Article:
Maybe it’s less than a year. Maybe it’s a year or parts of two or three seasons. The guy is inserted into our vocabulary on a going basis. We think about the guy. The guy is our concern. The guy is a Met, a part of the family, so to speak. We have debates about the guy. We speak of the guy in terms real and hypothetical. We move him up in the batting order. We move him to the bench. We place our trust and our prospects for short-term happiness in the guy. We grow disappointed in the guy. We want the guy out of here.
Then the guy is gone. Good riddance, generally, or at best, oh, that’s fine, we had to make that move. Life goes on. The Mets go on, just like M*A*S*H did. Colonel Potter replaces Colonel Blake. B.J. replaces Trapper John. Francoeur replaces Church who replaced Green who replaced Nady who replaced Cameron who replaced Hidalgo, none of whom effectively replaced any of those who could never replace Darryl Strawberry, which is another story.
Yes, another story. The Mets always have another story. For a few months, one of their ongoing stories was Rod Barajas. He homered to beat the Reds. He homered to beat the Giants. He had a large and adorable family, according to Newsday. He didn’t care for Arizona’s immigration law, according to the Times. He caught Jon Niese’s one-hitter but had a tough time handling R.A. Dickey’s knuckler. He wasn’t the best Met, but he was a good one. He was part of the conversation, at first in quite the favorable light, then less so.
It happens every year. It’s baseball. It’s funny that we almost never notice how common it is. We go from barely aware of Rod Barajas to relatively obsessed with Rod Barajas to not batting an eye when Rod Barajas is dispatched from our midst. We care about Rod Barajas until we don’t, or until he gives us little we consider worth caring about. When Rod Barajas was outhomering every catcher in the National League, we were smitten. When he stopped homering and then stopped hitting altogether, we lost interest. When he went on the DL for nearly a month after straining his oblique, we weren’t all that heartbroken, bastards that we are. We wanted to see Thole. We wanted to see hope. We had seen enough of Rod Barajas.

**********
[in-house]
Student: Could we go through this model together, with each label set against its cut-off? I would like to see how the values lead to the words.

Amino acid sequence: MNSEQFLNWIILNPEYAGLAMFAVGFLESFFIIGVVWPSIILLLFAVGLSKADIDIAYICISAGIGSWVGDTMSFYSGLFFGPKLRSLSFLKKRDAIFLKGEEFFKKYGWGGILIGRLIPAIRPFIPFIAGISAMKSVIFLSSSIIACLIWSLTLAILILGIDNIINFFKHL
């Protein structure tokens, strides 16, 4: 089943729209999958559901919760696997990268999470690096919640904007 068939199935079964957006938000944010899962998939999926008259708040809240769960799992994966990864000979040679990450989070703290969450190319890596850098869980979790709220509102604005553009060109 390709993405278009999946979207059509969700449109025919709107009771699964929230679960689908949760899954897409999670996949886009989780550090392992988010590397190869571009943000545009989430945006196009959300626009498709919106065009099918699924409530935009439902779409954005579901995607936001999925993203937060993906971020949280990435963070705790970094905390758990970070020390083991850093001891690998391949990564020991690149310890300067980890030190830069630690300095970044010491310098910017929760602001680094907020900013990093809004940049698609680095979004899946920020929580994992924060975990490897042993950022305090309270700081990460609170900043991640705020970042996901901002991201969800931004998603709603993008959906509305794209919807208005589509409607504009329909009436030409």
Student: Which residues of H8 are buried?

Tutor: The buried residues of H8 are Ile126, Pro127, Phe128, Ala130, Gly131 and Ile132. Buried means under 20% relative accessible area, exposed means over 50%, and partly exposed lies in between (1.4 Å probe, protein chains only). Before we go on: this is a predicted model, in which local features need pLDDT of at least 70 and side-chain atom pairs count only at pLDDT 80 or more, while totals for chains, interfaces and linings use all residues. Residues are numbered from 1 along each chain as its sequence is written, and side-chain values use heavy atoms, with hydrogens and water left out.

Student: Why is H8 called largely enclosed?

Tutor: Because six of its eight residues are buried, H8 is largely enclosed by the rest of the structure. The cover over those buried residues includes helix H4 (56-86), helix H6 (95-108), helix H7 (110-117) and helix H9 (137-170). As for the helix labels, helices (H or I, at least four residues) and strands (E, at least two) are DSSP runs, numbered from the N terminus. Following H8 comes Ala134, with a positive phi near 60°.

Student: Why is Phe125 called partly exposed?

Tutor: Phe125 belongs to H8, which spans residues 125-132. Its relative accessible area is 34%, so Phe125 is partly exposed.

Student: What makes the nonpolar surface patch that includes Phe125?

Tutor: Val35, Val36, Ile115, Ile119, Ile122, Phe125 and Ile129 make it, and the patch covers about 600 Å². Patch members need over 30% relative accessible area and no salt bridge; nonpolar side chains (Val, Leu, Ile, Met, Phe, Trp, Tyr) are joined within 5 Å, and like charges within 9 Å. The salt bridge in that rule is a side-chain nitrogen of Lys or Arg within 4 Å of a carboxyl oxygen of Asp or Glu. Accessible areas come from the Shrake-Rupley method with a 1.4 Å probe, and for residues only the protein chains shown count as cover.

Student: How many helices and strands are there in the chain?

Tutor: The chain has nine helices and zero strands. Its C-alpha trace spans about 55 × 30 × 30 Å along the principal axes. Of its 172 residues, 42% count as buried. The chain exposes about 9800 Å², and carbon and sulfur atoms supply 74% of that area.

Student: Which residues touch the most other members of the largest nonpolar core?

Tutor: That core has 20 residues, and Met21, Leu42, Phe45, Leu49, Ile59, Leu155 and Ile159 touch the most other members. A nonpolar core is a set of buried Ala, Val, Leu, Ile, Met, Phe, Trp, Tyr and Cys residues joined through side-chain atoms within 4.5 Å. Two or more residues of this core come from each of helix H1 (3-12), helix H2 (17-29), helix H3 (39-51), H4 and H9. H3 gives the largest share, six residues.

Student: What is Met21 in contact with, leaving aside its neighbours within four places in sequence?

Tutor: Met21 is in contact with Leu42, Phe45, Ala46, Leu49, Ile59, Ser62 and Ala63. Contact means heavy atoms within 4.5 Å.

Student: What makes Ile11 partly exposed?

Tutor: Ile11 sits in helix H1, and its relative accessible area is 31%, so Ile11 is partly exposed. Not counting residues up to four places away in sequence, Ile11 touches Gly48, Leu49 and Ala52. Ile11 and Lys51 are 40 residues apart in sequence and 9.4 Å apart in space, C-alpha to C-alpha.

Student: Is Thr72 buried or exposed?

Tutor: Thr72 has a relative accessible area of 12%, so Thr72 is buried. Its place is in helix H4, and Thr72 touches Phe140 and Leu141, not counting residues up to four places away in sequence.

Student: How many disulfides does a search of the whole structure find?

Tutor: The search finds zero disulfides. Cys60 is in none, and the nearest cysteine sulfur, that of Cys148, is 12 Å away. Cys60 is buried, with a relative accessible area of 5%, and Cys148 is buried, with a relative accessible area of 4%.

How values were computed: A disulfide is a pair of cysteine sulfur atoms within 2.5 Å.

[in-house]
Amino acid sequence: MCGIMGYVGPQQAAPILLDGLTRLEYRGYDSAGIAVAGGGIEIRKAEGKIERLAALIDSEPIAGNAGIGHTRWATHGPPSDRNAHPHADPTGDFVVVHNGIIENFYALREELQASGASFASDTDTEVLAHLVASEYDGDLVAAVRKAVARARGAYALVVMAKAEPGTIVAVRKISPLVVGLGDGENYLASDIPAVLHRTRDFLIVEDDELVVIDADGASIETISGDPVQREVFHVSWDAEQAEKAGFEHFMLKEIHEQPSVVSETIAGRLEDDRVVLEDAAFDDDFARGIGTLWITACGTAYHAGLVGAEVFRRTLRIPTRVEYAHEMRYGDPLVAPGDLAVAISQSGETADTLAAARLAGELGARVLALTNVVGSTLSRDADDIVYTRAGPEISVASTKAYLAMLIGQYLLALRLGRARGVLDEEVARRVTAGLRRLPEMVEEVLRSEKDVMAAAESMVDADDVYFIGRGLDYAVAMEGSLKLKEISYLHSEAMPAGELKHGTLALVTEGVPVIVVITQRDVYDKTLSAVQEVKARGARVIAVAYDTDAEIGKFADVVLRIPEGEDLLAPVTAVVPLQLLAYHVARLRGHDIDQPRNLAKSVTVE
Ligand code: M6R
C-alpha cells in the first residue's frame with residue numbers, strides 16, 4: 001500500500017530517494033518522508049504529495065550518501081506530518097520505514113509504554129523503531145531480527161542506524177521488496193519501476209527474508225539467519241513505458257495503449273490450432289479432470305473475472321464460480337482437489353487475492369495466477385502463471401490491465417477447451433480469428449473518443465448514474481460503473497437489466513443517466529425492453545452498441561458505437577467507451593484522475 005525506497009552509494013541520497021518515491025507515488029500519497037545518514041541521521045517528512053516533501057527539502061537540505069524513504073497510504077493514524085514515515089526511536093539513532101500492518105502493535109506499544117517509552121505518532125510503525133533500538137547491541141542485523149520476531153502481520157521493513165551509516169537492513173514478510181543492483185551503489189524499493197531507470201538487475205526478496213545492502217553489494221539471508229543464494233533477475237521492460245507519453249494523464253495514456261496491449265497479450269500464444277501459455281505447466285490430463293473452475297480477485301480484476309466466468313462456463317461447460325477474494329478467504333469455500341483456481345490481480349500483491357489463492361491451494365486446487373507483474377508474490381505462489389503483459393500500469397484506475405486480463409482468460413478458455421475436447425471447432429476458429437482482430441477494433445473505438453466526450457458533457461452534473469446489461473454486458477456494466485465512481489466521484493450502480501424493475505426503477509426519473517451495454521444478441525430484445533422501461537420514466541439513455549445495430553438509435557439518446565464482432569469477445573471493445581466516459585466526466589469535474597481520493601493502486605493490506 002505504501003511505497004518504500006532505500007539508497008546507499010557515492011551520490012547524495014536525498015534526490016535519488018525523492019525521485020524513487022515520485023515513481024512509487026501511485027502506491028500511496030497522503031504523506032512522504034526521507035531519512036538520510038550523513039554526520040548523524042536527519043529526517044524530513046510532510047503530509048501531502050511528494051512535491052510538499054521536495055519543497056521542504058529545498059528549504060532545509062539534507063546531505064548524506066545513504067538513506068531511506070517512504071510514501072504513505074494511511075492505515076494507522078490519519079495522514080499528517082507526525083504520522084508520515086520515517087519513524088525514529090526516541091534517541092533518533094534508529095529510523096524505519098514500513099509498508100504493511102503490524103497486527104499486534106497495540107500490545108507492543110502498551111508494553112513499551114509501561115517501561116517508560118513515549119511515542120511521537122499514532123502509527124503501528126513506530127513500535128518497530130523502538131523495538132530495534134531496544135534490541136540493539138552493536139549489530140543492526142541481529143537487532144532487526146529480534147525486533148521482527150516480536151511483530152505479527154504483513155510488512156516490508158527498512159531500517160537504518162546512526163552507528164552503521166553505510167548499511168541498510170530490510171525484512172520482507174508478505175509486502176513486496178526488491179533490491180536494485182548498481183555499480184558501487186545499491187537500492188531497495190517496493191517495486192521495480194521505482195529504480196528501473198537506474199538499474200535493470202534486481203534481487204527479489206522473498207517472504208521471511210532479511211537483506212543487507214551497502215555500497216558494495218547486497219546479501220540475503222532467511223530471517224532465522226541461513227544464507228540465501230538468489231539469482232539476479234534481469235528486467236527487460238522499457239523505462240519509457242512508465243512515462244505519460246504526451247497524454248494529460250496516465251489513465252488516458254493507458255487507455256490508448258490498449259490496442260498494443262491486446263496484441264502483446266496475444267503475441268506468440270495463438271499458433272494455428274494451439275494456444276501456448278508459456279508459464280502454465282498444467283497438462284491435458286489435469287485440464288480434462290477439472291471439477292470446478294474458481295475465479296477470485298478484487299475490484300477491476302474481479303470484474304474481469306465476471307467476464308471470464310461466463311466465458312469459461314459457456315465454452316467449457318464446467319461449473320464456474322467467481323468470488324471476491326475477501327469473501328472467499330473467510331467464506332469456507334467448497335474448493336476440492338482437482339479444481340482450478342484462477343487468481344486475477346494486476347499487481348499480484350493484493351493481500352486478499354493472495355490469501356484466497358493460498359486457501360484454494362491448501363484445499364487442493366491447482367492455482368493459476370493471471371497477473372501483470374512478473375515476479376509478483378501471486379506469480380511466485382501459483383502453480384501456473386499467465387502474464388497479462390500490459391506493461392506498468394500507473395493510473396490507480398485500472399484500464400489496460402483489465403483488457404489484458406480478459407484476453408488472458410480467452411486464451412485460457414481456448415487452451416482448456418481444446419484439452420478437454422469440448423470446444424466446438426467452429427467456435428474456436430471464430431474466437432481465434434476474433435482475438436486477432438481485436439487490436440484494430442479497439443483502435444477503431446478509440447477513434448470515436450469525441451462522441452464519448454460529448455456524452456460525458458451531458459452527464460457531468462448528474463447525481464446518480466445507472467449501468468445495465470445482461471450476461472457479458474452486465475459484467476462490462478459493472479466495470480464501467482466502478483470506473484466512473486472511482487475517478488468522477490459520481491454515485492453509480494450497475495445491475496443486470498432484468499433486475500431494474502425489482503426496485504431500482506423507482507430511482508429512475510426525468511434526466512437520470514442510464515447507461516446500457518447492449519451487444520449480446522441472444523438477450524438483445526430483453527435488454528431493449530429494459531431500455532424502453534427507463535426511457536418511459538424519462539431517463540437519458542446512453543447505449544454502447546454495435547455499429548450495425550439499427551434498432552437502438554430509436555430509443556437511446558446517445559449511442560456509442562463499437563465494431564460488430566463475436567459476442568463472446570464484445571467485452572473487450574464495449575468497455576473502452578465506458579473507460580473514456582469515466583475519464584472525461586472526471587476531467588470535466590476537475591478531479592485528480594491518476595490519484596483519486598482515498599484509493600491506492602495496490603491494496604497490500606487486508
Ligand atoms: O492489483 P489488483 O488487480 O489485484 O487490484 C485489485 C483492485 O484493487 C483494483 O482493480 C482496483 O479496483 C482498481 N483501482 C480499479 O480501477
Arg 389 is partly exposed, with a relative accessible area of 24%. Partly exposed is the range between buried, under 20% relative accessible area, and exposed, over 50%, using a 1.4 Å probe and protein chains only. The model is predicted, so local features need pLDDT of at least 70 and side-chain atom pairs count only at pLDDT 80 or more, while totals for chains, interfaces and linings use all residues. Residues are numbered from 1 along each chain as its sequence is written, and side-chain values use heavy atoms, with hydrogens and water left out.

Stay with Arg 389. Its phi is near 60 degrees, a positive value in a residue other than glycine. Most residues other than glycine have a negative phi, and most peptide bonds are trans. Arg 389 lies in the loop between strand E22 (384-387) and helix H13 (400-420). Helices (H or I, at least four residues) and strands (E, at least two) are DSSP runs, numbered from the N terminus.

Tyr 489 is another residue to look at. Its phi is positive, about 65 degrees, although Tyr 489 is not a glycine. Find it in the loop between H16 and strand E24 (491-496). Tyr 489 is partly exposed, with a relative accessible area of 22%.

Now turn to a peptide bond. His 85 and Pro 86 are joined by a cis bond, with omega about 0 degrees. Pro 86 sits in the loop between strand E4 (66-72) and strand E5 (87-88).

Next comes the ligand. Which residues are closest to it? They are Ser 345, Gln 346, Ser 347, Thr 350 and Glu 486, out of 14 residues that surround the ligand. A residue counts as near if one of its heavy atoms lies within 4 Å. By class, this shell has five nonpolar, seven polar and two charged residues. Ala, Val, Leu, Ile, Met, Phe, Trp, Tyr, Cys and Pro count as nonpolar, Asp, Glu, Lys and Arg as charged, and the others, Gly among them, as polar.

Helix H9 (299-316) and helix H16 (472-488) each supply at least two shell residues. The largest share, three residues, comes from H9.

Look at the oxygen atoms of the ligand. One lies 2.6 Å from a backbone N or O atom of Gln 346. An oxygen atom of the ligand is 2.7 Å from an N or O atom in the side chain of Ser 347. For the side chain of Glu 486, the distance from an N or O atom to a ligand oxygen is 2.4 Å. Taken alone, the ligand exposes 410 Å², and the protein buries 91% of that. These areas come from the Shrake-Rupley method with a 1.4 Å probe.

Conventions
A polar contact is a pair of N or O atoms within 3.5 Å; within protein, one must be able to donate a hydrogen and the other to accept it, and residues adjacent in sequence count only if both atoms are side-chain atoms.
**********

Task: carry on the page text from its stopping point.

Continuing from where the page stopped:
So Rod has taken his final Met flight and moved on. We got our wish with Thole. We got not quite five months of Barajas. Will we remember him for April and May and the home runs and the broad smile and the solidity and stability he gave the Mets behind the plate? Or will we remember June and July and the depressingly dwindling OPS and the rallies whose life support apparatus he unfailingly unplugged? Will he be the guy we recall for providing an unexpected boost to our good fortune when it was tangibly good, or a symptom of bad roster management when it all went sour?
Will we remember Rod Barajas was here in 2010, or mindlessly move him to 2009/2011? Will he morph into the guy who didn’t do much after taking Papelbon deep? (No, that was Omir Santos.) The journeyman backup Santana liked throwing to? (No, that was Henry Blanco.) The guy whose passed ball cost us that big game down the stretch? (No, but when Mets fans sputter over how everything always happens to us, nonexistent crimes are inevitably assigned to unwitting perpetrators.) Will his name be invoked the next time the Mets are short a catcher and somebody suggests it would sure be nice if we could bring in a Rod Barajas type to get us through the rough patch? Or is he destined for cautionary tale, as in “the Mets are making the same clueless mistake they made when they relied too heavily on Rod Barajas”?
Or will Rod Barajas be remembered much at all? Seventy-four Mets games. Sixty-seven Mets starts. Eleven home runs in April and May. One home run from June to August. Not a bad catcher. Not a great catcher. Here and gone. How long before a diehard Mets fan who brings up as an example or an aside the name “Rod Barajas” has to explain to a less committed neighbor at Citi Field who that was? Or how long before somebody can’t quite spit out from the tip of his tongue, “you know, that catcher who was here for a while, the one who hit the home runs until he didn’t?” Probably not that long, I’m guessing.
That’s baseball for ya.